After Huizenga sold the Marlins and Smiley left, he moved to North Carolina.
"I was playing golf one day with a recruiter from New York, and he took a phone call in the golf cart, and they started talking about Summerfest," Smiley says. "I could hear one side of the conversation, and I said, ‘you’re talking about Summerfest.’ He said, ‘Yeah, how do you know about that? Oh, yeah, you’re from Racine!’
"He put two and two together, and couple of holes later he said, "You know, I have the assignment to find a president and CEO for that organization, would you be interested? I said, ‘Jeez, I don’t know, I’ve never thought about it, you know?’ And so I said, ‘Give me some information, let me look at it.’
Soon after, Smiley — whose name would seem to have made him a shoo-in for the job at the festival with the smiley face logo — was in Milwaukee as Summerfest’s new executive director.
The affable Smiley says he didn’t know much about Bo Black and wasn’t at all intimidated by her public stature in Milwaukee.
"I never really looked at it that way, I mean I don’t look at myself that way, I don’t operate that way," he says. "The event is the celebrity. No one person is. Celebrities are Brewers players and Packers and Bucks. I really don’t know much about that whole situation prior to me getting here, what she was or what she wasn’t. I didn’t really focus on that, I really focused on the job that I wanted to get done.
"And, you know, I just came off winning the World Series. I didn’t need to be out there more when I got here. I had just gone through that. I was very experienced with the media, but I never searched it out."
By the time he got here in 2004, Smiley says the festival was already planned, so he spent his first Big Gig exploring, taking notes, learning and formulating a plan for the future. And that plan focused heavily on the grounds and facilities.
"To be brutally honest, I mean, the grounds were just a mess," Smiley says. "They were just tattered and torn. The south gate … There was a temporary stage in the south end known as the Classic Rock Stage. The Briggs and Stratton stage was in tough shape, the Harley stage was in tough shape, the Miller stage was in tough shape. Basically, every single one of the stages needed to be demolished and rebuilt.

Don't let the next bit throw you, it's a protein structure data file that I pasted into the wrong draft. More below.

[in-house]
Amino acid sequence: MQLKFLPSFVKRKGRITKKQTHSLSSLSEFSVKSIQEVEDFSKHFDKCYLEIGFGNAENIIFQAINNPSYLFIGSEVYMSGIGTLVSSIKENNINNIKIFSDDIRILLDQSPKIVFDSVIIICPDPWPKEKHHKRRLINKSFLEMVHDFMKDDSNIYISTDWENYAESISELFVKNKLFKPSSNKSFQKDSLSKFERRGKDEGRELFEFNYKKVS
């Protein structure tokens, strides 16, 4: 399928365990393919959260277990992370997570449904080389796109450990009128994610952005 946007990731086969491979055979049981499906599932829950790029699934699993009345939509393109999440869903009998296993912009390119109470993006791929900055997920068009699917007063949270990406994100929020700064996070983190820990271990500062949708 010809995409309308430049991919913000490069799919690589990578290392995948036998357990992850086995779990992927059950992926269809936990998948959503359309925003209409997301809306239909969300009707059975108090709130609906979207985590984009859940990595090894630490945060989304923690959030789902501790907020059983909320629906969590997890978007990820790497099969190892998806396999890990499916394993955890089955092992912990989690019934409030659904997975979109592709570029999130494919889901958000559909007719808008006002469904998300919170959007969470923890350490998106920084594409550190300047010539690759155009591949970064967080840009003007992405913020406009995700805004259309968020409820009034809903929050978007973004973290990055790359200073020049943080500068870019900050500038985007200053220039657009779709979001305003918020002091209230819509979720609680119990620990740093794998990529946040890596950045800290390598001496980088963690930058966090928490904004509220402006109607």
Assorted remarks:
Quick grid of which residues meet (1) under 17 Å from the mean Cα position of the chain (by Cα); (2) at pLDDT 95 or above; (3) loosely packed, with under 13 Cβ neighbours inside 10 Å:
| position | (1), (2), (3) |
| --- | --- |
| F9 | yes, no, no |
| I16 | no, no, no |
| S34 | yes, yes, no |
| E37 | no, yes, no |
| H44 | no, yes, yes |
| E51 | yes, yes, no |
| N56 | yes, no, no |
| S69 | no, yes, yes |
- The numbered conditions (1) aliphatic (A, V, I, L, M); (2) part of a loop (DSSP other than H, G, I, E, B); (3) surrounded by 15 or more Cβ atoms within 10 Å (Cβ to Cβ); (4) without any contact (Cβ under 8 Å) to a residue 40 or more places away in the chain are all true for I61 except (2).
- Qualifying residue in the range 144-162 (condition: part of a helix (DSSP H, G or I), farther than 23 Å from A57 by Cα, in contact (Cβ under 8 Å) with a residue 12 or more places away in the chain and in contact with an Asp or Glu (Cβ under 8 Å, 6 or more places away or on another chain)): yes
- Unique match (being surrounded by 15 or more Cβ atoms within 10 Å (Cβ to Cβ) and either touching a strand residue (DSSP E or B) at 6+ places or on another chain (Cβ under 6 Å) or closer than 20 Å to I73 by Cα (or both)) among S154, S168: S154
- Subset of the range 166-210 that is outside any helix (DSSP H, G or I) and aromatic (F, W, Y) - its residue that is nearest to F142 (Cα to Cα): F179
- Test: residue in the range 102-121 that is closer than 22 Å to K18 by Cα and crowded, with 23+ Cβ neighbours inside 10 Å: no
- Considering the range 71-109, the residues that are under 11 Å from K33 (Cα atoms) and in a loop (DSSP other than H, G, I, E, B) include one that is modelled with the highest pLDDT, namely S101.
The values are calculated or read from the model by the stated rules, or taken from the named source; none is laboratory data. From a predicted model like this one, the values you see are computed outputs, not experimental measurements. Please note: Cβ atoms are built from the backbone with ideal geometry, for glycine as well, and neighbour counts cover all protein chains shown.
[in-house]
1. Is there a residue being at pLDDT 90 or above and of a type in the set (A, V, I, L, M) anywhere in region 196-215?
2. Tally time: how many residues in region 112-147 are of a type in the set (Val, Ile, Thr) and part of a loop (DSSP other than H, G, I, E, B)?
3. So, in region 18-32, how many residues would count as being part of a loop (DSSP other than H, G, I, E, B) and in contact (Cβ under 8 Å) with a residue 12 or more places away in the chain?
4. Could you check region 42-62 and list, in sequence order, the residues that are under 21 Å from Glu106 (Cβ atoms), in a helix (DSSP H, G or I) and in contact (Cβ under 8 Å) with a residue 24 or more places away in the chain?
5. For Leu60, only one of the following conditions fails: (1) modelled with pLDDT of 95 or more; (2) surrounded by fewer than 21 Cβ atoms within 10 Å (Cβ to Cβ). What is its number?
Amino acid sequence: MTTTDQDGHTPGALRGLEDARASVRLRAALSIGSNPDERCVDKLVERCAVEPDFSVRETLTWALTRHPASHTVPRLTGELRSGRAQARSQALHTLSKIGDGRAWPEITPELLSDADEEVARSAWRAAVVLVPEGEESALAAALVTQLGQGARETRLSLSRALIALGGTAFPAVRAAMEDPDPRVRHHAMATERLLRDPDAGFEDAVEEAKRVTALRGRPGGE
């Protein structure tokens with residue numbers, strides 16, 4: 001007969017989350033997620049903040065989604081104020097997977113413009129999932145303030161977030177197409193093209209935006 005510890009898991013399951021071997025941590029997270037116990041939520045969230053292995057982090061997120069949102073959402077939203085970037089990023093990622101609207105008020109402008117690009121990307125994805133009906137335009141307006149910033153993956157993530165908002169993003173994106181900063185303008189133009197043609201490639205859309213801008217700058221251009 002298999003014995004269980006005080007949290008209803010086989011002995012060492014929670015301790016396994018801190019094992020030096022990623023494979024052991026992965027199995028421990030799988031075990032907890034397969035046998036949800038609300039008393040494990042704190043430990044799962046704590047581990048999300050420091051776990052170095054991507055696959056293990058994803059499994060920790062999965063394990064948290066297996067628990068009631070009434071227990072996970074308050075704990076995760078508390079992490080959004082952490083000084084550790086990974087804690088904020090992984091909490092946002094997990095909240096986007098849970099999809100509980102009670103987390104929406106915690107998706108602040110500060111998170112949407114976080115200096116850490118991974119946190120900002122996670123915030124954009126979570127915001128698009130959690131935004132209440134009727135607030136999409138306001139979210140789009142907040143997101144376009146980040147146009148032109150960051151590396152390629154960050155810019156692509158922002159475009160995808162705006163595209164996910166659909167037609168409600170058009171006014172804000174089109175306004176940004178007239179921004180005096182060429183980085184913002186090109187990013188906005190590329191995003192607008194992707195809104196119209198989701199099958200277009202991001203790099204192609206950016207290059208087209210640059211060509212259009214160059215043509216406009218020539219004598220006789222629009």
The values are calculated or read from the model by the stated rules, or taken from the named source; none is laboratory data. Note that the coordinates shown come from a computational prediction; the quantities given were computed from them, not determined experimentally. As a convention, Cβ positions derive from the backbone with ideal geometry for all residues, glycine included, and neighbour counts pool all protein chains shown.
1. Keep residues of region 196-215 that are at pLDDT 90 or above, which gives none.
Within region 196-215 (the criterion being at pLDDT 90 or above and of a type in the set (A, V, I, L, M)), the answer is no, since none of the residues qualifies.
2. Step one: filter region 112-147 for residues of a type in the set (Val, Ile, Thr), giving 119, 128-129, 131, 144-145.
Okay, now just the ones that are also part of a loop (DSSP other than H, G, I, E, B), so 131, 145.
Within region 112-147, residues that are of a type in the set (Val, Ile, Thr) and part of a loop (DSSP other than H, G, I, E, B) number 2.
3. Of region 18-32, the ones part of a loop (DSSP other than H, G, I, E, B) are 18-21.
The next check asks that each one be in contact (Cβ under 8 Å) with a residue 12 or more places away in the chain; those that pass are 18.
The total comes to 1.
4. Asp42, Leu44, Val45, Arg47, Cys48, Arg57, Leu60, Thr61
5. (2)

"It was a little bit of a daunting task, because, you know it’d be one thing if there was just one stage that needed to be redone. But the whole place needed work. They hired me to come in here and improve things. So I did. And I ended up, along with many others, coming up with a plan to rebuild this place."
Smiley felt that there was too much emphasis placed on attendance numbers; on hitting that 1 million mark. He was going to take a different approach.
"There seemed to be an inordinate amount of weight given to this attendance number and very little weight to the actual physical property that Summerfest operates on," he says. "You’re running all these people through your property, and your buildings aren’t really in very good shape, whether it’s bathrooms, restaurants, stages, whatever.
"So, I just flipped that around and said, "look, we’re going to take the emphasis off of attendance, and we’re going to think about quality. We’re gonna think about fan-facing elements of this festival, that a fan touches, sees, interacts with, that is additive to their experience at a concert or festival’."
So, he set about the work, focusing first on the Miller Oasis, which was revamped for 2006. Then came the Harley Roadhouse in 2008. And the work has continued apace ever since. So much so, that this year, the Miller Oasis has gotten the second massive makeover of Smiley’s 14-year tenure.
The next decade would find Smiley continuing to improve the guest experience on the Henry Maier Festival Grounds. Next week, while the Big Gig is taking place at the lakefront, we’ll look at the 2010s in this Summerfest decade by decade series.
As soon as he arrived as Summerfest’s new executive director in 2004, Don Smiley set about improving the grounds and facilities as a means for improving the guest experience at the Big Gig.
"I don’t know what folks focused on in the past, but I was going to focus on the property," Smiley recalls. "Because if something wasn’t done pretty quickly, you know, they would’ve started losing stages. I mean literally falling apart.
"I looked at the structures, and the buildings, and the land, and how are we going to make this a more pleasant experience for the fans versus just a 12-hour frat party, 11 days a week."
That work continued, full steam ahead, in the second decade of the new millennium.
In 2010, a number of improvements arrived, including a new South Gate entrance and box office, a new Briggs & Stratton Big Backyard Stage with a raised viewing deck, additional restrooms, new restaurant buildings and upgrades to the Summerfest parking lots.
Two years later, the most exciting development in years arrived as Summerfest opened the BMO Harris Pavilion, a covered stage with fixed seating, state of the art sound, lighting and video screens.